Chronology of the Memory

The present study showed that patients with schizophrenia were as able as controls to chronologically order what they had lived 1 week earlier. It is worth noting that the mean chronological score of both groups (about 7/12) allows us to rule out any ceiling effect explaining our results. Therefore, the absence of significant difference cannot be explained by the easiness of the task. We had hypothesized that an abnormal processing of temporal order may influence patients’ capacity to order complex events in time. However, despite patients’ deficits in elementary temporal processing (highlighted by the temporal order judgment task), both the non-autobiographical stories sequencing task and the memory chronological organization task were well performed by patients. It might indicate that, contrary to the basic temporal order task in which the temporal order judgment is mostly based on the perception of time lapse between two stimuli, the sequencing tasks of more complex stories involve various cognitive and inferential processes together entangled with a chronological representation of the event. Hence, patients could have successfully achieved the sequencing tasks using other cues or information to infer or understand the chronological order.

Memory Content

In the current study, we observed that patients with schizophrenia retrieved significantly fewer details than control participants during the free recall task. More precisely, the analyses of the narratives, according to Jeunehomme and colleagues’ method (50), showed that fewer experience units were recalled by patients in comparison with controls. Together, these results highlight a quantitative impairment of patients’ memory recall. They confirm previous findings showing that autobiographical memories of patients with schizophrenia are less detailed and less vivid (17, 19,) and also extend them to the memories of recently lived events. It is worth noting here that participants had reviewed event pictures before the free recall task when performing the segmentation task (a prereview that can be considered as an external executive help, enhancing either event re-encoding or event recall). Nevertheless, patients had difficulties to retrieve as many details as controls from the original event. This deficit, observed in spite of executive support, might be considered as an argument in favor of an encoding deficit in those patients. Looking more precisely at the components of experience units recalled, we observed that patients had specifically difficulties recalling actions with interaction, as they reported them twice less than control participants, the other components being in similar proportion in both groups. Actions with interaction correspond to actions performed by the participants themselves. Interestingly, patients with schizophrenia reported fewer of these moments when they were agent of the event, whereas they recalled as well as controls other components of the event such as persons, objects, thoughts, spatial movements, or perceptual details. This result aligns with previous research showing that patients often describe passive connections to others, experience events as imposed upon them by external forces/agents (53, 54), or even define themselves using passive items (28). This phenomenon reflecting a lack of agency (55, 56) may explain patients’ difficulties engaging in peer relationships and social activities and possibly their poorer memory for actions.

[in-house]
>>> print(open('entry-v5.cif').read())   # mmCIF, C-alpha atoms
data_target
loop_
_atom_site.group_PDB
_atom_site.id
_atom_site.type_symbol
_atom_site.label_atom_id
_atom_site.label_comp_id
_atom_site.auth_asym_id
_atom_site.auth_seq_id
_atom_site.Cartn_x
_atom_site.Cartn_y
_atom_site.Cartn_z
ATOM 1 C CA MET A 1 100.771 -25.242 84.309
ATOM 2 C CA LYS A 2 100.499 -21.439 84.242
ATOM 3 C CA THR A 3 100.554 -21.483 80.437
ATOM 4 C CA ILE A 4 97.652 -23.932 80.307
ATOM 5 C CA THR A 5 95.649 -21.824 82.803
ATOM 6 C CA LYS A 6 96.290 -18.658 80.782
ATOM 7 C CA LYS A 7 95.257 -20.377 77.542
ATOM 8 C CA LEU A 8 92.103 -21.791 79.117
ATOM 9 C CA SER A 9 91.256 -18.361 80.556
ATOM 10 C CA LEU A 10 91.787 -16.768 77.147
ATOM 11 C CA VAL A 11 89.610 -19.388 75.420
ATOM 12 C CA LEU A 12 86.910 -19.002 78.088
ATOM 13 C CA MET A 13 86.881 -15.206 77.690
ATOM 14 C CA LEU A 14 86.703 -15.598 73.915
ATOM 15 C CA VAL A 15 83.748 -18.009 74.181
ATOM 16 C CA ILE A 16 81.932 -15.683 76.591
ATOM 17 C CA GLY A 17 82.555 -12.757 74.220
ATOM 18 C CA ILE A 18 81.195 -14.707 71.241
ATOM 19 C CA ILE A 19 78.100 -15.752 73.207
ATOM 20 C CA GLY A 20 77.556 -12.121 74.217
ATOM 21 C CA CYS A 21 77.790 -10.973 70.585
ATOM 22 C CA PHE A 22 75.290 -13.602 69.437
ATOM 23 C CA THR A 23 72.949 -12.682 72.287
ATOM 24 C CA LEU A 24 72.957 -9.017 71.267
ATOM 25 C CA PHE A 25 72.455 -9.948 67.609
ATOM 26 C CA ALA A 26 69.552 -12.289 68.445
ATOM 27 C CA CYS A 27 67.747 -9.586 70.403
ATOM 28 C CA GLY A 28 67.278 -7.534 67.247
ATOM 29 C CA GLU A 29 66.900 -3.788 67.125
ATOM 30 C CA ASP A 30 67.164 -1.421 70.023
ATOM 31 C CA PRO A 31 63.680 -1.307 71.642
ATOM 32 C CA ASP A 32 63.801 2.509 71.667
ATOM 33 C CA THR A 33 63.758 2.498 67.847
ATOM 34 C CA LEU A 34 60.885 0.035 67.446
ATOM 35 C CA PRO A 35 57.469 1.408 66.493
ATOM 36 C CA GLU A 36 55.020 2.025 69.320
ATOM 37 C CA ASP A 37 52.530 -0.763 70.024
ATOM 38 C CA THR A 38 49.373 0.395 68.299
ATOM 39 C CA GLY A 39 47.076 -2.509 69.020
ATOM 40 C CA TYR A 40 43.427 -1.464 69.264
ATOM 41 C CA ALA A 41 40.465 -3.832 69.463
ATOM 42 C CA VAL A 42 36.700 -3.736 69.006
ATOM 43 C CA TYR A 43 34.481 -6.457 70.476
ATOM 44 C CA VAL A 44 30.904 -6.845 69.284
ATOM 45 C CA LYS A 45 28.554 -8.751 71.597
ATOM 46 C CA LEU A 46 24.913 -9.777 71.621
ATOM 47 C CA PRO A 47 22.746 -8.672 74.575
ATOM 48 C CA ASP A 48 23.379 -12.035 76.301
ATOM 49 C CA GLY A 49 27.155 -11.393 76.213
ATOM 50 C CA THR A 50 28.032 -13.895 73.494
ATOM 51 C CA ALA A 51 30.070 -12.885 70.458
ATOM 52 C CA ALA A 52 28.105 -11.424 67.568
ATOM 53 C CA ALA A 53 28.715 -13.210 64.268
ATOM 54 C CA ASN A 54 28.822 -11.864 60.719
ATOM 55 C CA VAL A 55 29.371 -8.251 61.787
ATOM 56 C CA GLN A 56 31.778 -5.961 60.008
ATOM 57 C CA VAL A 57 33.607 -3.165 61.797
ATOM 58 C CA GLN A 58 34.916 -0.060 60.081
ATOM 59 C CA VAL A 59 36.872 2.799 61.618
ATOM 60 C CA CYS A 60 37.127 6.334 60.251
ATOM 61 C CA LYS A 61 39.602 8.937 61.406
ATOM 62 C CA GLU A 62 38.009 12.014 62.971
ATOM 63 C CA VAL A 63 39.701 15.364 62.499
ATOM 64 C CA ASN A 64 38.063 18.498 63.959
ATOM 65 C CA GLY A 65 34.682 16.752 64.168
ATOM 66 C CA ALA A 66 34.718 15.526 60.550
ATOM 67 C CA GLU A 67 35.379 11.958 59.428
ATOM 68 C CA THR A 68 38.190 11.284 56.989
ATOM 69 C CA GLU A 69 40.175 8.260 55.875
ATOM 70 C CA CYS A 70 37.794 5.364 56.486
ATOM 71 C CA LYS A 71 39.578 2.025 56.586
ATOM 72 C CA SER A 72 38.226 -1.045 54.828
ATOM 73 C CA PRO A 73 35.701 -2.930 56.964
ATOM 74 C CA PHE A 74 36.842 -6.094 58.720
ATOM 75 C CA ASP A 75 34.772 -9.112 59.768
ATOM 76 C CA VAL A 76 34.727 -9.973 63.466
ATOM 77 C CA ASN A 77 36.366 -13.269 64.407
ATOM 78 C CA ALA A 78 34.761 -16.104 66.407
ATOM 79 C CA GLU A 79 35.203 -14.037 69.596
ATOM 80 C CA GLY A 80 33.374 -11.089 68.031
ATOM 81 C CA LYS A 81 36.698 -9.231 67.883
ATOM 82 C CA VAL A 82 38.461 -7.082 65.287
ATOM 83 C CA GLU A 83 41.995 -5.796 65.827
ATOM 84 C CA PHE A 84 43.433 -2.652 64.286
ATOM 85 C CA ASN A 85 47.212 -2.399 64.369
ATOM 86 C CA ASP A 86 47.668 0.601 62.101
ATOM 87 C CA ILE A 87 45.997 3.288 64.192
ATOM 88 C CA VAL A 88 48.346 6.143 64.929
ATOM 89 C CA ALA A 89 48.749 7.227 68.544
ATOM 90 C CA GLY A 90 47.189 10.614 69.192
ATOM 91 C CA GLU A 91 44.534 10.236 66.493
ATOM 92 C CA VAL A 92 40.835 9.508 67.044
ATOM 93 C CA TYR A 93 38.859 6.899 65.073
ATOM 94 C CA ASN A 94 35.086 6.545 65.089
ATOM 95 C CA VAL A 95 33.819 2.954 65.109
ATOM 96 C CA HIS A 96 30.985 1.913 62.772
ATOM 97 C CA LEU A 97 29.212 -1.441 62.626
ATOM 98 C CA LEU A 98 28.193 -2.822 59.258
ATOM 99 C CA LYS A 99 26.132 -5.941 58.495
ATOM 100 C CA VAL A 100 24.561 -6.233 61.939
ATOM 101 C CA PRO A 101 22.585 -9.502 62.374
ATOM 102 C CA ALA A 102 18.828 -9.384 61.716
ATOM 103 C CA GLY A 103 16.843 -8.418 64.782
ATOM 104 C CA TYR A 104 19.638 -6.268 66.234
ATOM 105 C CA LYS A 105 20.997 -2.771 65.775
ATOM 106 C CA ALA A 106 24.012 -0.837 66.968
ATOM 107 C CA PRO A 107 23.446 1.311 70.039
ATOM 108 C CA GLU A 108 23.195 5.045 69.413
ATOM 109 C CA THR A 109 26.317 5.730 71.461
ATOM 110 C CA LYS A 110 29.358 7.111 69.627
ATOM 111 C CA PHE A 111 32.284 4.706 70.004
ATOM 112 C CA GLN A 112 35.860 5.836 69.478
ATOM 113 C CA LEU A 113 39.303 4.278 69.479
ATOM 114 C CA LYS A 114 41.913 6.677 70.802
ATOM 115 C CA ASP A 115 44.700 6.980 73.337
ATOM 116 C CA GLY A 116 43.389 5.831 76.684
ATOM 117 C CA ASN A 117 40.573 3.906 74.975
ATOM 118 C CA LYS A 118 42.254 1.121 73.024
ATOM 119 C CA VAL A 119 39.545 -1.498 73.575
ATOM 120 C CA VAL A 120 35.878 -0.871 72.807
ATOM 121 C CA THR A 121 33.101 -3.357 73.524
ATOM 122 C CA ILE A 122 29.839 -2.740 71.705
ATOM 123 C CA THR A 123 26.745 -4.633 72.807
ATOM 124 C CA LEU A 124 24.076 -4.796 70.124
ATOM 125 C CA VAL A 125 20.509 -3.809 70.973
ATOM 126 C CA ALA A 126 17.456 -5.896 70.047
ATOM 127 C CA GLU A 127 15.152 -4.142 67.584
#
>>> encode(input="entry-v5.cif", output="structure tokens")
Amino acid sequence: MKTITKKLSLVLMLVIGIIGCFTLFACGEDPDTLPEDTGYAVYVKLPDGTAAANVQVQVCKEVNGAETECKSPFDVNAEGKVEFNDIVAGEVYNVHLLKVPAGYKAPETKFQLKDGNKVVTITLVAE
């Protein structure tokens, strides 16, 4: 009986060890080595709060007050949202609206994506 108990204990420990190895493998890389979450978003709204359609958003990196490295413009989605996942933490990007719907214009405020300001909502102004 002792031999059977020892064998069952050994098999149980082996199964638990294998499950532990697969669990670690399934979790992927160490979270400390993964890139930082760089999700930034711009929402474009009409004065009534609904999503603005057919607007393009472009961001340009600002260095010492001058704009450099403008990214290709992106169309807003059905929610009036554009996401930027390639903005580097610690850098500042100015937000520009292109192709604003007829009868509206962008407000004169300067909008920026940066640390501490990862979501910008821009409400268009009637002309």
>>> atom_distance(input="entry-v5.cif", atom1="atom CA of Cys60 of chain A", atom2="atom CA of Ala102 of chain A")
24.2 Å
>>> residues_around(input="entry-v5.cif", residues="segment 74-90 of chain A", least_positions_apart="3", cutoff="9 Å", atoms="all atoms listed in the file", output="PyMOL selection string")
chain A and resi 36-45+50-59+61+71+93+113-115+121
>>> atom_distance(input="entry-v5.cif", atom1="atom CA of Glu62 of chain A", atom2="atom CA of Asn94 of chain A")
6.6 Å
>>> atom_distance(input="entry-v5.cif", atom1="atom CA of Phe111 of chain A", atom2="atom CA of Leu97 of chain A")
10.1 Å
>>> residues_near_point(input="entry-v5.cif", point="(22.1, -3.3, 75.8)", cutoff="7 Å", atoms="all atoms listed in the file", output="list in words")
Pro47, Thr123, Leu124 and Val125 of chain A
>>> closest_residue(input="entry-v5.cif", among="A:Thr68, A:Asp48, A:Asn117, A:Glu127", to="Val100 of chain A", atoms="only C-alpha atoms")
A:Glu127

Relationship Between Event Segmentation and Event Memory

Correlation analyses were conducted to better understand the relationship between the segmentation of a personal event and the associated autobiographical memory. Our results showed that in the control group, a smaller number of boundaries, corresponding to larger events, was related to higher performances in the chronological order task. Large events are thought to be related to meaningful units, supporting the event understanding and in fine allowing its better memorization (25). Our results showed a relationship, in control participants, between large event segmentation and good performances in the chronological order task. These observations are in line with those of Zacks and collaborators (2006), who showed significant correlations between high performances on event segmentation and a good chronological organization of its memory.

In the patient group, we observed that the higher typicality of the event segmentation was associated with a higher number of experience units recalled. Here again, our results provided evidence of a relationship between event segmentation and autobiographical memory.

Limitations

Some methodological limitations should be acknowledged. First, although the walk in the city center was thought to match participants’ assumed daily life, this event was particularly salient for patients in comparison with controls. Due to patients’ social withdrawal and impoverished daily life, the outdoor circuit contrasted with their daily life, and this salience might have enhanced memory encoding (57). It would have been relevant to assess participants’ subjective experience of the walk (i.e., personal importance, distinctiveness, motivation) and to control its impact on memory. Second, patients included in the present study displayed less severe psychotic symptoms relatively to those of Zalla’s study (27) and were not impaired in the non-autobiographical stories sequencing tasks contrary to the patients included by Zalla and colleagues. This suggests that our results might not be generalized to all patients with schizophrenia.